In the past 30 plus years we have all been brainwashed into thinking that a low fat diet is a healthy way of eating. There has been been so much press coverage about the dangers of eating fat, in particular saturated fat, that many people now think that all fats are bad for them. This is not true. A low-fat diet is actually not a good idea at all – your body needs fat and your skin needs fat to stay healthy. A low-fat diet will also age your skin prematurely! However, it’s crucial to eat the right types of fat to reap the benefits. So what are good fats and what are bad fats? It’s not what you might think it is.
Highly beneficial fats are for example monounsaturated fats, think olive oil, which also contains polyphenolic antioxidants. Most of you will know this. However, good quality saturated fat is not a problem either (if eaten without all the rubbish usually coming along with a Western high saturated fat diet!). Saturated fat has been demonised unfairly in my opinion. In fact, saturated fats are highly stable, great for cooking and play a vital part in each and every organ in our body. You see, as our cell membranes mainly consist of saturated fatty acids, saturated fats are crucial for cell physiology.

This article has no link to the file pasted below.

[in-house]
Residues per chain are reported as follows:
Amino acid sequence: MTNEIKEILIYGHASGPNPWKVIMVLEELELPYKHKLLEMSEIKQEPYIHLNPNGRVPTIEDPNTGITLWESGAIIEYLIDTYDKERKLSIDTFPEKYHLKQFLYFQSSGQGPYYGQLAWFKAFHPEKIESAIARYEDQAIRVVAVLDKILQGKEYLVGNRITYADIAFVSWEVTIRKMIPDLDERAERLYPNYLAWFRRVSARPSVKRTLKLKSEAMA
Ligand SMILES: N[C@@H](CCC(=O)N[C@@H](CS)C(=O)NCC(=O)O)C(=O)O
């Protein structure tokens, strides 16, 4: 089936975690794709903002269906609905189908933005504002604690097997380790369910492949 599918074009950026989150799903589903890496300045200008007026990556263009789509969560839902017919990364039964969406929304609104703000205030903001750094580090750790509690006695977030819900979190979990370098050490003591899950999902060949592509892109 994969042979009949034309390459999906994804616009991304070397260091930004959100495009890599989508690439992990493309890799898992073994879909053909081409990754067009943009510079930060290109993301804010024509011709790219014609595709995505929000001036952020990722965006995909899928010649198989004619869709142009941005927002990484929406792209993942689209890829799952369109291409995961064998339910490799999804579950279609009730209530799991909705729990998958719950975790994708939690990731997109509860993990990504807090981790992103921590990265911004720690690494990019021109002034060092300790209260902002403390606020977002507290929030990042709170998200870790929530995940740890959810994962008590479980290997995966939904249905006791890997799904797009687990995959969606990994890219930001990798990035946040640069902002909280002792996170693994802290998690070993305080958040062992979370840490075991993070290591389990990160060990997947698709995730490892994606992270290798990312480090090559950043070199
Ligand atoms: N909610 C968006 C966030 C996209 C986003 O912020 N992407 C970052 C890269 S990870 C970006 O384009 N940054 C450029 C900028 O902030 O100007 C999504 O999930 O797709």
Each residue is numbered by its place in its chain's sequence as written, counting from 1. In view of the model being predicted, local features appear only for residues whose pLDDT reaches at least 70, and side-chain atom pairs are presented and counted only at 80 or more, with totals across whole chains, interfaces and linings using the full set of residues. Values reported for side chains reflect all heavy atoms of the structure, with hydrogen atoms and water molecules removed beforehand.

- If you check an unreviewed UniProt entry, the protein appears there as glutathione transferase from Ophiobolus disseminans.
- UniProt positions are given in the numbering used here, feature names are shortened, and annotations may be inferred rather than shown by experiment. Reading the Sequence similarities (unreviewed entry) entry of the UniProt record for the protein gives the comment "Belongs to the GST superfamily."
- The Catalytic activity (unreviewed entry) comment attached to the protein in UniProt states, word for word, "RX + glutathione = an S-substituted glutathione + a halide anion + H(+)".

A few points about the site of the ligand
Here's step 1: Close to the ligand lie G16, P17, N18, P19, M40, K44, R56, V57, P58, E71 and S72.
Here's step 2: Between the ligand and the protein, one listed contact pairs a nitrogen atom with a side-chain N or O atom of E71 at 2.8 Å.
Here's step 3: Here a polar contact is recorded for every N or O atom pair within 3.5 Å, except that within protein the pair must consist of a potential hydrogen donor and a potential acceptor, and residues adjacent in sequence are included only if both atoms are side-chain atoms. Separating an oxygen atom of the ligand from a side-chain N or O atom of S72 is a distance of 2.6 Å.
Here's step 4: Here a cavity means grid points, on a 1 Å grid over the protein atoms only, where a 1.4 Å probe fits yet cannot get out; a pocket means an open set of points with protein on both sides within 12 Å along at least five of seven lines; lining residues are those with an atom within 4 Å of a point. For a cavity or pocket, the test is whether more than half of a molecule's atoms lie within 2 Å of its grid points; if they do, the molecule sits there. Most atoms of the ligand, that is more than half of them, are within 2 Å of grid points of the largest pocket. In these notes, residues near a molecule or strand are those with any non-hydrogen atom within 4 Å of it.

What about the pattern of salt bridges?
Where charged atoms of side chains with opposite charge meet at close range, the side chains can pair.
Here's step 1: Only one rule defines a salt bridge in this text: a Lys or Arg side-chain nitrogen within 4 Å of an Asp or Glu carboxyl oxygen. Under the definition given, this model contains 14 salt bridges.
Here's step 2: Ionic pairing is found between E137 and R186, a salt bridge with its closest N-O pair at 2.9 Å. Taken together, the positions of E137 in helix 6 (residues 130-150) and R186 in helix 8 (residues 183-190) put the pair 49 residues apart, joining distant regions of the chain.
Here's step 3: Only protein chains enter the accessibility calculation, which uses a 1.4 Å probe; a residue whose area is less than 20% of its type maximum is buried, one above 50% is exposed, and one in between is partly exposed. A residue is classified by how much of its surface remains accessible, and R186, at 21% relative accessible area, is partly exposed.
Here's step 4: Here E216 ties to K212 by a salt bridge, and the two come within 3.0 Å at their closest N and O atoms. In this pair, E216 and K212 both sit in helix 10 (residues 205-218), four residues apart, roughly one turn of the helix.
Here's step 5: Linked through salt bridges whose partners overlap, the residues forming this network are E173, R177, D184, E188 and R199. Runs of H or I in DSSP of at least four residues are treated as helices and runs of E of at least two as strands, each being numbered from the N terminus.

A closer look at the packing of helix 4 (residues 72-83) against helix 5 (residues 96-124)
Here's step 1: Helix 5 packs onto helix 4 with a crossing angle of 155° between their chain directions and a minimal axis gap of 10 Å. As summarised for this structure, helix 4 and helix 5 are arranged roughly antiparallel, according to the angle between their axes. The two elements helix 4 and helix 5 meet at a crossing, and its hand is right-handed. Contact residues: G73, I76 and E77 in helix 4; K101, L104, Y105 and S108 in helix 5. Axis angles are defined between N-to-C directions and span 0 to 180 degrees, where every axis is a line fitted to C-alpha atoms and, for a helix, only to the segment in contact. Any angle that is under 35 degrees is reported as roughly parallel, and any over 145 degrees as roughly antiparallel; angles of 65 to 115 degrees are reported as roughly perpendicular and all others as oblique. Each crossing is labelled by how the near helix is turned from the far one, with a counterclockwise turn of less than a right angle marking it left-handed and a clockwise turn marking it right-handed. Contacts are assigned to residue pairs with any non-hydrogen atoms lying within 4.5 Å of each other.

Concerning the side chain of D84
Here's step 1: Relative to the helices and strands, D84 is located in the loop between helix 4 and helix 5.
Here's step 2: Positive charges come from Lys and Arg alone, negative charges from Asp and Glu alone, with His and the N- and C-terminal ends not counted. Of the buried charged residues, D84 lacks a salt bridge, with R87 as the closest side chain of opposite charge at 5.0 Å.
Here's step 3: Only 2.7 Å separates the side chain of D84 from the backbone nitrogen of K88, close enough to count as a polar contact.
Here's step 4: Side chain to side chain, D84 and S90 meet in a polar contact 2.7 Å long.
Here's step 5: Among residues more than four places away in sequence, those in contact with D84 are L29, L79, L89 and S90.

Studies have even confirmed that eating a diet higher in overall fat content, but also higher in saturated fat is associated with higher skin elasticity and less wrinkling of the skin. So make sure to include plenty of good fats such as avocados, nuts, olive oil, omega-3 rich fish, but also organic animal fats in your diet, as they are all important for healthy skin.
What you want to avoid on the other hand are unstable, pro-inflammatory, omega-6 rich vegetable seed oils such as sunflower oil, soya oil, corn oil, canola oil, safflower oil etc. And the worst thing you can do is use them for cooking, as they are highly unstable.